Statoil moves on UK floating wind park

Statoil has made the final investment decision to build the world’s first floating wind farm: The Hywind pilot park offshore Peterhead in Aberdeenshire, Scotland.

The decision triggers around NOK2 billion investment, realizing a 60-70% cost reduction per MW from the Hywind demo project in Norway.

Statoil will install a 30 MW wind turbine farm on floating structures at Buchan Deep, 25km offshore Peterhead, harnessing Scottish wind resources to provide renewable energy to the mainland. The wind farm will power around 20,000 households. Production start is expected in late 2017.

“Our objective with the Hywind pilot park is to demonstrate the feasibility of future commercial, utility-scale floating wind farms. This will further increase the global market potential for offshore wind energy, contributing to realizing our ambition of profitable growth in renewable energy and other low-carbon solutions,” says Irene Rummelhoff, Statoil’s executive vice president for New Energy Solutions.

The pilot park will cover around 4sq km, at a water depth of 95-120m. The average wind speed in this area of the North Sea is around 10m/sec.

Scotland’s Deputy First Minister John Swinney says: “The momentum is building around the potential for floating offshore wind technology to unlock deeper water sites. The ability to leverage existing infrastructure and supply chain capabilities from the offshore oil and gas industry create the ideal conditions to position Scotland as a world leader in floating wind technology."

The onshore operation and maintenance base will be located in Peterhead, also drawing on resources from Statoil’s existing office in Aberdeen.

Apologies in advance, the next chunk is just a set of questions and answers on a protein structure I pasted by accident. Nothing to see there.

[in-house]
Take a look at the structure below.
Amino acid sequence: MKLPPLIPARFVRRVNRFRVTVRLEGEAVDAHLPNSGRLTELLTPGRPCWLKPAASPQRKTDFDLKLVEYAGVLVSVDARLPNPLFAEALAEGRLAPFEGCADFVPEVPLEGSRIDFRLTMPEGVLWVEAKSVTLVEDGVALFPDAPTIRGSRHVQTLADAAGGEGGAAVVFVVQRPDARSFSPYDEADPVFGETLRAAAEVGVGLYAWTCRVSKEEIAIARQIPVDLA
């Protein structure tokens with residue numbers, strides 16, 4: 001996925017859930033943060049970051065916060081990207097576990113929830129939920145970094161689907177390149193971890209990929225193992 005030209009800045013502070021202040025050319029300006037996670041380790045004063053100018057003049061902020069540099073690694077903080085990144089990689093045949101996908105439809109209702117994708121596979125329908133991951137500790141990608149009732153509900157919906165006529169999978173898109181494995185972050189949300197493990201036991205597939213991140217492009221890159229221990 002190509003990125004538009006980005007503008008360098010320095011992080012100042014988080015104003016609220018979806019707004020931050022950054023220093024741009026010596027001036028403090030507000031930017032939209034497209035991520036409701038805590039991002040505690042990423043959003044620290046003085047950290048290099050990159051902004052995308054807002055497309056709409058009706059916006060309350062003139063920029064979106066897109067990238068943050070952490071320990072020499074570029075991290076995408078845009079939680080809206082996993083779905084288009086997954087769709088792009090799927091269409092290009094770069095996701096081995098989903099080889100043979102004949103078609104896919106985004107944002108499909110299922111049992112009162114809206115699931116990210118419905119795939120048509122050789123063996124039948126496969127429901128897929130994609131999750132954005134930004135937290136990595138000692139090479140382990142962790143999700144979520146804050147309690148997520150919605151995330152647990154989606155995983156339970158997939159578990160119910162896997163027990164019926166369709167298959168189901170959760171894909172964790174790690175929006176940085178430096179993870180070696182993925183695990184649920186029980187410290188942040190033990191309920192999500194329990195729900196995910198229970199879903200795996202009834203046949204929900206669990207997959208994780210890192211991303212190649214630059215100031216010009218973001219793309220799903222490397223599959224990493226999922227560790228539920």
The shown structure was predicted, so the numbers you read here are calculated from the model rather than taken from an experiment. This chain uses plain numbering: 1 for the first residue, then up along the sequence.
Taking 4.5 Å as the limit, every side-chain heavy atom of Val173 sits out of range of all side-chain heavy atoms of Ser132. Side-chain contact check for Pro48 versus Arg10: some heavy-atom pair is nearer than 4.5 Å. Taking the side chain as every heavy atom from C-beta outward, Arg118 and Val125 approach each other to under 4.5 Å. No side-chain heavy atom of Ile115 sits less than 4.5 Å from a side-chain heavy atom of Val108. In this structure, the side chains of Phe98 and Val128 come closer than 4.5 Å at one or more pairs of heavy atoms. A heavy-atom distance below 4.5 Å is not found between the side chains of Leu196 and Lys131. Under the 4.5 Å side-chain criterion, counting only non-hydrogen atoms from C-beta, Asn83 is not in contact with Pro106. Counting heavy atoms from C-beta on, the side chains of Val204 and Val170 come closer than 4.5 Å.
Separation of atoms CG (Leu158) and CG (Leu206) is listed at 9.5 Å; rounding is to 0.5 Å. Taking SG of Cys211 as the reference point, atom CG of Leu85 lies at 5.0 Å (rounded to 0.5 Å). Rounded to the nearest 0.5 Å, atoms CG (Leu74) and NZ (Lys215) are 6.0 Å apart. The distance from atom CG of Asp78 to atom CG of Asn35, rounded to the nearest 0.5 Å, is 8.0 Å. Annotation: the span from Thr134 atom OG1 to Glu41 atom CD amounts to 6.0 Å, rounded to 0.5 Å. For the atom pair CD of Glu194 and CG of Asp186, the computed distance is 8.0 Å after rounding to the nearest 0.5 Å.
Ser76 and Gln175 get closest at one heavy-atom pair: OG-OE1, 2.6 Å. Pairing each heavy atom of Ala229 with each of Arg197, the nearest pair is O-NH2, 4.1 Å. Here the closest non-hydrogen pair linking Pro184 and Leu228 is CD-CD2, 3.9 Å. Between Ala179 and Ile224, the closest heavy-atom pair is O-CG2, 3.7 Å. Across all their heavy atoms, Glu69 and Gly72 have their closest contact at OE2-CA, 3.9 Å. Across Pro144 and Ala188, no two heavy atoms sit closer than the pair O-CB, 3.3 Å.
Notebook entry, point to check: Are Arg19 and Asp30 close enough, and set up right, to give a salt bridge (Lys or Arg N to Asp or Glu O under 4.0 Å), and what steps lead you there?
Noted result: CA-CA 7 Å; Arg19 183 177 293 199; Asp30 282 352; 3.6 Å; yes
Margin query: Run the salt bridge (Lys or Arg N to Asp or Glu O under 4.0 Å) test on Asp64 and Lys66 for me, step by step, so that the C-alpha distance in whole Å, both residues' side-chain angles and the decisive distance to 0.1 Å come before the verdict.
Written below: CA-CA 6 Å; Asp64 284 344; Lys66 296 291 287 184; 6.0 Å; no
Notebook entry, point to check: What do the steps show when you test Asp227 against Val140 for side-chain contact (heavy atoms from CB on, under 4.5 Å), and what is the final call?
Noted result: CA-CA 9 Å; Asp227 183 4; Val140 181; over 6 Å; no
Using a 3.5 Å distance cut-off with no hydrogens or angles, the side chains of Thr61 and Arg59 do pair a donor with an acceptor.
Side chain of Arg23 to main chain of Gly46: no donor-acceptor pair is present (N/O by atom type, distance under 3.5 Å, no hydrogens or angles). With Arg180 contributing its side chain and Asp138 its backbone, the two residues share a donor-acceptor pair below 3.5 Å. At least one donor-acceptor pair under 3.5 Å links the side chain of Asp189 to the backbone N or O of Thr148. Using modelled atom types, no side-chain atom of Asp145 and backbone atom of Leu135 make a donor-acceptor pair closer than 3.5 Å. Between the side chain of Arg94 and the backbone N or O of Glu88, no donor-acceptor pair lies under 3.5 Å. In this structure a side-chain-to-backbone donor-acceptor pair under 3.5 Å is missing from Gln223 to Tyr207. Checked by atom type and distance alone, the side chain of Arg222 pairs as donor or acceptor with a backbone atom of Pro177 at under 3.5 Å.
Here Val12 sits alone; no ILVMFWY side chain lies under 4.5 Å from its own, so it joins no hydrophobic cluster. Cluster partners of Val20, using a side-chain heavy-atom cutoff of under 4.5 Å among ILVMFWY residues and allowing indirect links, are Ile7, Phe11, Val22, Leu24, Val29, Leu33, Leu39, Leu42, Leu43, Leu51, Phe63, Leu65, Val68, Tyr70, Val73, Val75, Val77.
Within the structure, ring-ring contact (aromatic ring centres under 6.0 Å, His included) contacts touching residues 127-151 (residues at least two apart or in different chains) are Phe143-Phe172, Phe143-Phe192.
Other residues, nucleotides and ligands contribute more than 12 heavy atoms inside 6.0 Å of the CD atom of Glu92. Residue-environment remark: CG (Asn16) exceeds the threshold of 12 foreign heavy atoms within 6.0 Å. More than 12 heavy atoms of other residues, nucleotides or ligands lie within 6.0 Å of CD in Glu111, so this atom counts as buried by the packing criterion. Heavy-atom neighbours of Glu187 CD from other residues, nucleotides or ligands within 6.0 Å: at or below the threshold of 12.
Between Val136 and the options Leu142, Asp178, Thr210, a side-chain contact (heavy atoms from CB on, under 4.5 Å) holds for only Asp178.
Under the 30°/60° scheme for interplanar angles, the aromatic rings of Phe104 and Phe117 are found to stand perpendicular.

Hywind is an offshore wind technology developed and owned by Statoil. The concept has been verified through six years of successful operation of a prototype installed off the island of Karmøy in Norway. Hywind with its simplicity in design is competitive towards other floating designs in water depths of more than 100m.

In May, Statoil announced the establishment of New Energy Solutions as a separate business area reporting to the CEO, reflecting the company’s aspirations to gradually complement its oil and gas portfolio with profitable renewable energy and low-carbon solutions. As a starting point Statoil’s existing offshore wind portfolio constitutes the activities in this area. Hywind Scotland is the business area’s first new investment.

Offshore wind already has a strong foothold in Europe with 10GW installed capacity, and a global potential to reach more than 100GW by 2030. With fixed turbines, offshore wind is optimal for 20-50m water depth. With floating structures, further expansion will be enabled in new deep-water areas around the world.

Statoil was the operator in the development phase for the 88 turbine Sheringham Shoal offshore Wind Farm, 20km off the coast of Norfolk. Sheringham Shoal started producing in 2012.

The same year Statoil and Statkraft acquired the nearby Dudgeon offshore wind farm project. Statoil is also partner in the Dogger Bank offshore wind project. In combination, Statoil’s UK offshore wind business has the long term potential to provide competitive low carbon electricity to around 4.5 million UK homes.

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